Taylor Lautner, by contrast, is not Quileute. In fact, he’s not Navajo, Cree, Lakota, Cherokee, Mohawk, Seminole, or Ojibwa. He’s not Native at all (unless you consider his recent “discovery” of a long-ago Indian ancestor lurking in the family tree).
Yet the winsome 16-year-old from Holland is Hollywood’s idea of Quileute’s werewolf teen heartthrob. Look at it this way....Imagine casting Kate Bosworth as Celie in The Color Purple.
Outrageous? Offensive? Yup, on both counts, which is why the screaming silence from the self-appointed arbiters of the culturally correct is all the more...well...outrageous and offensive. And not at all new.
Native Americans have been minimalized, trivialized, co opted and appropriated for as long as there have been movies; burnished caricatures of the savage, Indian princess or mystic played by White folk speaking pidgin English. By today’s standards, the vision of Natalie Wood, Chuck Connors and Burt Lancaster in brown makeup and bad wigs might seem quaintly amusing. Think again.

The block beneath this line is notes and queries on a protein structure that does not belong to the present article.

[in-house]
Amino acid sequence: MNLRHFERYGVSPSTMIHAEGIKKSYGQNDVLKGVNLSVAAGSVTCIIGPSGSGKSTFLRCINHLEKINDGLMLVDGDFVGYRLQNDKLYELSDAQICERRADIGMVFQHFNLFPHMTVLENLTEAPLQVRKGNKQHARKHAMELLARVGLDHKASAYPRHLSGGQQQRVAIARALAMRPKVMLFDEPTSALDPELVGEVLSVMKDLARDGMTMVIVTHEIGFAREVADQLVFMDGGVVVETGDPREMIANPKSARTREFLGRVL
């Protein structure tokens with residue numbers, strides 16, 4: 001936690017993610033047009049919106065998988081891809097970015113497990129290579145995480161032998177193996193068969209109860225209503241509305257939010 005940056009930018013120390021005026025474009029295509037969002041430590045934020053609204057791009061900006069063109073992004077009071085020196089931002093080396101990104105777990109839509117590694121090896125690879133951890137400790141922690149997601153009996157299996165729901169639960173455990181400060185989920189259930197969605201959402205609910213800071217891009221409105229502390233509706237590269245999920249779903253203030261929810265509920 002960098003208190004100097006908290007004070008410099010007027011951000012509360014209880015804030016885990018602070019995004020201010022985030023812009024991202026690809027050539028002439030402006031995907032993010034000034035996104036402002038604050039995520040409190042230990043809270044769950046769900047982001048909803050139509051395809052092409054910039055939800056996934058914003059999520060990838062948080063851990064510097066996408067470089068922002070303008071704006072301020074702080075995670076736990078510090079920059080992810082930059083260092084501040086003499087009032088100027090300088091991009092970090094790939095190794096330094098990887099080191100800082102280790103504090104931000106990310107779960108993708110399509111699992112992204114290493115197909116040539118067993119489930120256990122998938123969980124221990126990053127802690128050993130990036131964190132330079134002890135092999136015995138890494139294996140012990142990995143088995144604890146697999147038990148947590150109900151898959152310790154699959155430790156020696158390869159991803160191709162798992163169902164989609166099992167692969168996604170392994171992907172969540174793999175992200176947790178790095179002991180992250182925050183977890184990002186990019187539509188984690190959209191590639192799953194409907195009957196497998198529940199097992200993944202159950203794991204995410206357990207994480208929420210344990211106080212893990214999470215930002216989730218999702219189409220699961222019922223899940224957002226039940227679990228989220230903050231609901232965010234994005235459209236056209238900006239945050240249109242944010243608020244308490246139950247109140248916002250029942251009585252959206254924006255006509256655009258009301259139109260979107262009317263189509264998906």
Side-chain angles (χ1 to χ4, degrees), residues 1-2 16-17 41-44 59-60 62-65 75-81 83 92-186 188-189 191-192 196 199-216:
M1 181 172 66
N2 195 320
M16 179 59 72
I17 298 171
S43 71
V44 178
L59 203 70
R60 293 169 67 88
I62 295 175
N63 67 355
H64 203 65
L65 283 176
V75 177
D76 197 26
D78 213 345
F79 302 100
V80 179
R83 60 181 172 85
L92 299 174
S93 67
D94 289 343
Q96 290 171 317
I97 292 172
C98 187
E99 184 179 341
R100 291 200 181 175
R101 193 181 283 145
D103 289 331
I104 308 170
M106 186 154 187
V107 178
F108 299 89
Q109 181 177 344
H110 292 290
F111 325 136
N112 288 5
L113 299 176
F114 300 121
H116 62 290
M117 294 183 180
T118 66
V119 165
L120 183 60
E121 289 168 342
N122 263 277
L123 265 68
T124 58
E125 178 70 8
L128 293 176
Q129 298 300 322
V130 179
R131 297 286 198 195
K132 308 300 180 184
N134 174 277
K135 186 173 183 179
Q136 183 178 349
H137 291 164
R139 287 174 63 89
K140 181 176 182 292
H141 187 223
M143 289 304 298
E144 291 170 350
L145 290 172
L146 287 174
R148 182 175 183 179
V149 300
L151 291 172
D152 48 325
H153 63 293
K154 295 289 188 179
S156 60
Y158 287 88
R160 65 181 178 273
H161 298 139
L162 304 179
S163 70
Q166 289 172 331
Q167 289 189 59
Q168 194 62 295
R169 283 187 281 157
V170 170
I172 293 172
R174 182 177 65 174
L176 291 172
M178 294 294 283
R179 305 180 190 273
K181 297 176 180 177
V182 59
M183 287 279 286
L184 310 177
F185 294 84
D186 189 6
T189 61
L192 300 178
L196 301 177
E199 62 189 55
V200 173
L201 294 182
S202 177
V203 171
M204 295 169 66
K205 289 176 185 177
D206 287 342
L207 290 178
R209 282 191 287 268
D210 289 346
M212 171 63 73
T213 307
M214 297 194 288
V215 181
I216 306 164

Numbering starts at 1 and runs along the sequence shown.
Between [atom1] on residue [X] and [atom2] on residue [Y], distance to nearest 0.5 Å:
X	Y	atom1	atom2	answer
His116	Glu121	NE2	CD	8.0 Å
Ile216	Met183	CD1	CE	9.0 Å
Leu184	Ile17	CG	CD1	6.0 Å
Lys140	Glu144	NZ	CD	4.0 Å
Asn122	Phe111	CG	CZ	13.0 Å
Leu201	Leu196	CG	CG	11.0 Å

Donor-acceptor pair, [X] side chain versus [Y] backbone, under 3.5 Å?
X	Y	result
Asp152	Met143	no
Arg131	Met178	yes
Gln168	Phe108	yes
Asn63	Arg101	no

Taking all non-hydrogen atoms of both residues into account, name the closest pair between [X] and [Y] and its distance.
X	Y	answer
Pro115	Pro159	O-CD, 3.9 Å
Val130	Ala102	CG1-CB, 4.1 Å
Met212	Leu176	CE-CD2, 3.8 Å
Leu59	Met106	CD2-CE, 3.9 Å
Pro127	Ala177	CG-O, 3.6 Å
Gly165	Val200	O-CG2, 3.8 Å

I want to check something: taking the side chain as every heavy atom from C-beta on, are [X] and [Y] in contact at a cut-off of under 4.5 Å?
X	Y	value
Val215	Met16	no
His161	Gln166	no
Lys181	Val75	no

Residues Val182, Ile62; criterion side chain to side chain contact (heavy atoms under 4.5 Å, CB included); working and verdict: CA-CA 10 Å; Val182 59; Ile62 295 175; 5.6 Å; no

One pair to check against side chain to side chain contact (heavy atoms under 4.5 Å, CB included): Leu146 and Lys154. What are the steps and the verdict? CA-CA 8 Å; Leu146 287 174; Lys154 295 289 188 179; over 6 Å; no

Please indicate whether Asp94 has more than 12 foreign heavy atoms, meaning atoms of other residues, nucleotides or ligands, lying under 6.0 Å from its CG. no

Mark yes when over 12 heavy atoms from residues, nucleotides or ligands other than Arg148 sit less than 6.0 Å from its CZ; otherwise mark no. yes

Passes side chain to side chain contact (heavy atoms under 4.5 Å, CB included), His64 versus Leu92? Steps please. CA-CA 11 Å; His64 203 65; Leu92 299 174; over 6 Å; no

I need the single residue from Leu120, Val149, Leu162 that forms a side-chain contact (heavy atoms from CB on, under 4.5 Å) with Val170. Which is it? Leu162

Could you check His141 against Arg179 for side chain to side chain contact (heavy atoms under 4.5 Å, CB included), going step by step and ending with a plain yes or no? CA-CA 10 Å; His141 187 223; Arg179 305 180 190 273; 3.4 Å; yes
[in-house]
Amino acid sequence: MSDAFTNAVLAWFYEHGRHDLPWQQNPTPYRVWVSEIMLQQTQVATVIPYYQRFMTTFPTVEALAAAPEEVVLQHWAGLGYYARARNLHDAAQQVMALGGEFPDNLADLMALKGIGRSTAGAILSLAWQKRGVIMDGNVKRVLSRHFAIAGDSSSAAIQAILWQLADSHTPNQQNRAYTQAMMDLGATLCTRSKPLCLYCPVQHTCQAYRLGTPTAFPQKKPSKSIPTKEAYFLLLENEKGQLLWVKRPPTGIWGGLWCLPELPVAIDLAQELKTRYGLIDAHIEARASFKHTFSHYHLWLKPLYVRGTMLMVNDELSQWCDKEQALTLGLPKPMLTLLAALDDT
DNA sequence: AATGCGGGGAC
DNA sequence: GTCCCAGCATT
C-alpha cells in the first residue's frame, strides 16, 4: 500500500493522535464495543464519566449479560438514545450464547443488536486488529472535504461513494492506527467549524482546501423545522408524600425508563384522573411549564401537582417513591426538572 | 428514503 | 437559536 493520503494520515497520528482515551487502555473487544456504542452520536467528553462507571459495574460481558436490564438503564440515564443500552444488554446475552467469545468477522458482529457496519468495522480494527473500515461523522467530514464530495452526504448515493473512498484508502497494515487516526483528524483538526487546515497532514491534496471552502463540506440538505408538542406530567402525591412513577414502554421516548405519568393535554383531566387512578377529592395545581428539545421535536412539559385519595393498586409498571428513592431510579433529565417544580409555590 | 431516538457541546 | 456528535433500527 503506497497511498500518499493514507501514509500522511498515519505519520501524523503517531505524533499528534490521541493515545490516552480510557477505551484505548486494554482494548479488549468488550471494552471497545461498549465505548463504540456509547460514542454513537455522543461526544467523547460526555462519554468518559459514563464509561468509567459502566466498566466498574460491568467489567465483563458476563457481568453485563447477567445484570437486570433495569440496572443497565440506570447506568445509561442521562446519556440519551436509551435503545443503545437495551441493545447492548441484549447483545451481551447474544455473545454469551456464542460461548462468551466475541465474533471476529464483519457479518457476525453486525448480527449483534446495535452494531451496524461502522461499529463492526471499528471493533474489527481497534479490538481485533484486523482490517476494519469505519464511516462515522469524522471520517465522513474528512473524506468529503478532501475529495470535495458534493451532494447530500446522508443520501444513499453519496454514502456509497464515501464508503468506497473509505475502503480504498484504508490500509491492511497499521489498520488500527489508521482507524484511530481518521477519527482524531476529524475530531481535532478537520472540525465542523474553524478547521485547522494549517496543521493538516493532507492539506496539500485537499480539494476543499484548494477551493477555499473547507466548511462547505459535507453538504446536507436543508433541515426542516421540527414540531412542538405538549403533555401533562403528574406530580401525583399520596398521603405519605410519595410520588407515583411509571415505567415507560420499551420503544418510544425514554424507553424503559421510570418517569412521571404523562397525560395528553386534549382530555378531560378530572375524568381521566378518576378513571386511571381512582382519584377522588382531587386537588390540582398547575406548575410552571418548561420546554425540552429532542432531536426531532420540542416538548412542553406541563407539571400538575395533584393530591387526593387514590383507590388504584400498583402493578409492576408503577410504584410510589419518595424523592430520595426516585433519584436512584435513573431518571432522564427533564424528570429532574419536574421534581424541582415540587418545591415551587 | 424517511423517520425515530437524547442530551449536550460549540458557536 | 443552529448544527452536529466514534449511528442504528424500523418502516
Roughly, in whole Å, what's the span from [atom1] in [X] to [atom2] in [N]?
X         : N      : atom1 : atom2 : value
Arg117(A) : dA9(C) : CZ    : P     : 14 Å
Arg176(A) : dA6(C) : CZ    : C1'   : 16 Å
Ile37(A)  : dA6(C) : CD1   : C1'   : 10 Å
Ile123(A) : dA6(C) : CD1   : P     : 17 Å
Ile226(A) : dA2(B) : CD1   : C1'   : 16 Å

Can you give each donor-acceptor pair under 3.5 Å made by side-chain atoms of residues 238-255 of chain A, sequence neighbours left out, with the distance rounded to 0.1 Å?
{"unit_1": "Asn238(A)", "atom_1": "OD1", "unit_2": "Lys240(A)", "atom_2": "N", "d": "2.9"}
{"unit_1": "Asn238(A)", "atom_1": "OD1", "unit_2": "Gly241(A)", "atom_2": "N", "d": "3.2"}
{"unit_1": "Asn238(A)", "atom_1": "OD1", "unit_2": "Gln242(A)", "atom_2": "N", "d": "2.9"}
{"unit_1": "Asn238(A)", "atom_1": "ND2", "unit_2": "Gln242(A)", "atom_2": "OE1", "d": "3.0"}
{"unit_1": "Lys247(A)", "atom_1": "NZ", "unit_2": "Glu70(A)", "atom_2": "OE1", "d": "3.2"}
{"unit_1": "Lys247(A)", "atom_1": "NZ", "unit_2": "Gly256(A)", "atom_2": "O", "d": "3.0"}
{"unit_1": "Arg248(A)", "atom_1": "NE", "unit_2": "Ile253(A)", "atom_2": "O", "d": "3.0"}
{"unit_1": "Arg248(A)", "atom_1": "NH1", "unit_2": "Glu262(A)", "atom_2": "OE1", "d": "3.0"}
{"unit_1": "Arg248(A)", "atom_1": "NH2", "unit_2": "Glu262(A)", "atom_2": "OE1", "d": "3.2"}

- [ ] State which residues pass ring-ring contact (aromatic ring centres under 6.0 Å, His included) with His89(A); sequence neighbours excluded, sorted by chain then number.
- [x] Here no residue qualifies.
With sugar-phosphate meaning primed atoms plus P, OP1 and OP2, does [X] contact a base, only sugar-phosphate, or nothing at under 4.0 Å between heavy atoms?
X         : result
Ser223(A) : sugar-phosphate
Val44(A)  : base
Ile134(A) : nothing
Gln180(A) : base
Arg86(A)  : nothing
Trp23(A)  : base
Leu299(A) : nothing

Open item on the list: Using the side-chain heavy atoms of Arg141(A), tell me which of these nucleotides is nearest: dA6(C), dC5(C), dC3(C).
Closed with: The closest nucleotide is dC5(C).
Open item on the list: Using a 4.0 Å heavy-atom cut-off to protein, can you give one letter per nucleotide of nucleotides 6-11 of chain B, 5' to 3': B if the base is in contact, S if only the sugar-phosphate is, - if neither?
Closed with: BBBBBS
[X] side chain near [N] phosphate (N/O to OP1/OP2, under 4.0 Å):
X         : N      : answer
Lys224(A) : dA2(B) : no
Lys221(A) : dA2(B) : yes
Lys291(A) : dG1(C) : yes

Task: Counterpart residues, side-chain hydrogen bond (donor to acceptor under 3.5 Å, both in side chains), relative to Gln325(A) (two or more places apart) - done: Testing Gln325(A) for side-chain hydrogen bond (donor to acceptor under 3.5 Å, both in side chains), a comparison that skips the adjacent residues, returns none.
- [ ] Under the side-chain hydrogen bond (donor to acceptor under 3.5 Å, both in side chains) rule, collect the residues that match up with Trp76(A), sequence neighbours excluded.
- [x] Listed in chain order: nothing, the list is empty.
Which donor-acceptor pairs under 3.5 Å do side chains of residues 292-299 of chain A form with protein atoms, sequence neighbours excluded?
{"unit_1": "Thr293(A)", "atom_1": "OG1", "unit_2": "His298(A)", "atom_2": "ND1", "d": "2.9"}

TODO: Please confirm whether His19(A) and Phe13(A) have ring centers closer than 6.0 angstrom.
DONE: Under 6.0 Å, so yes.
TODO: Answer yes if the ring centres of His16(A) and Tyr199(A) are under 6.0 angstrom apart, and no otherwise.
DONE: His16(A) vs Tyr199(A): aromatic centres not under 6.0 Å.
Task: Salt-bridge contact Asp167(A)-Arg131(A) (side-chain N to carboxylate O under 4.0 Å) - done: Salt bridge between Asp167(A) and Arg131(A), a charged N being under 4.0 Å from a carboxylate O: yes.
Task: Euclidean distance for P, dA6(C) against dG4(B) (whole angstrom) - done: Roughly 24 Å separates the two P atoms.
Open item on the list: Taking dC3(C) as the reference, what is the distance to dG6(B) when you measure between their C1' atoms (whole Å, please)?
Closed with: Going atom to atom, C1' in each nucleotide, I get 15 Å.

It has been a hard, long slog for contemporary Natives to break free of these overtly racist stereotypes—which is why a major film like Twilight is such a prime opportunity to introduce the world to a contemporary Native who isn’t an alcoholic or New Age spiritualist.
The claim that no young Native actors have the qualifications to fill the role is nonsense. For starters, Nakotah Larance, who appeared in HBO’s Bury My Heart at Wounded Knee and was a standout in Spielberg’s Into the West miniseries definitely has the resume and looks. Yet the six-time world champion hoop dancer was passed over as were other capable Native actors.
Too “Indian,” perhaps?
As I wrote to her, aren't I a self-appointed arbiter of the culturally correct? Haven't I done more than scream silently? <g>
For more on the subject, see Quileute Werewolves in Twilight.
Below: So cute you just want to pinch his cheeks.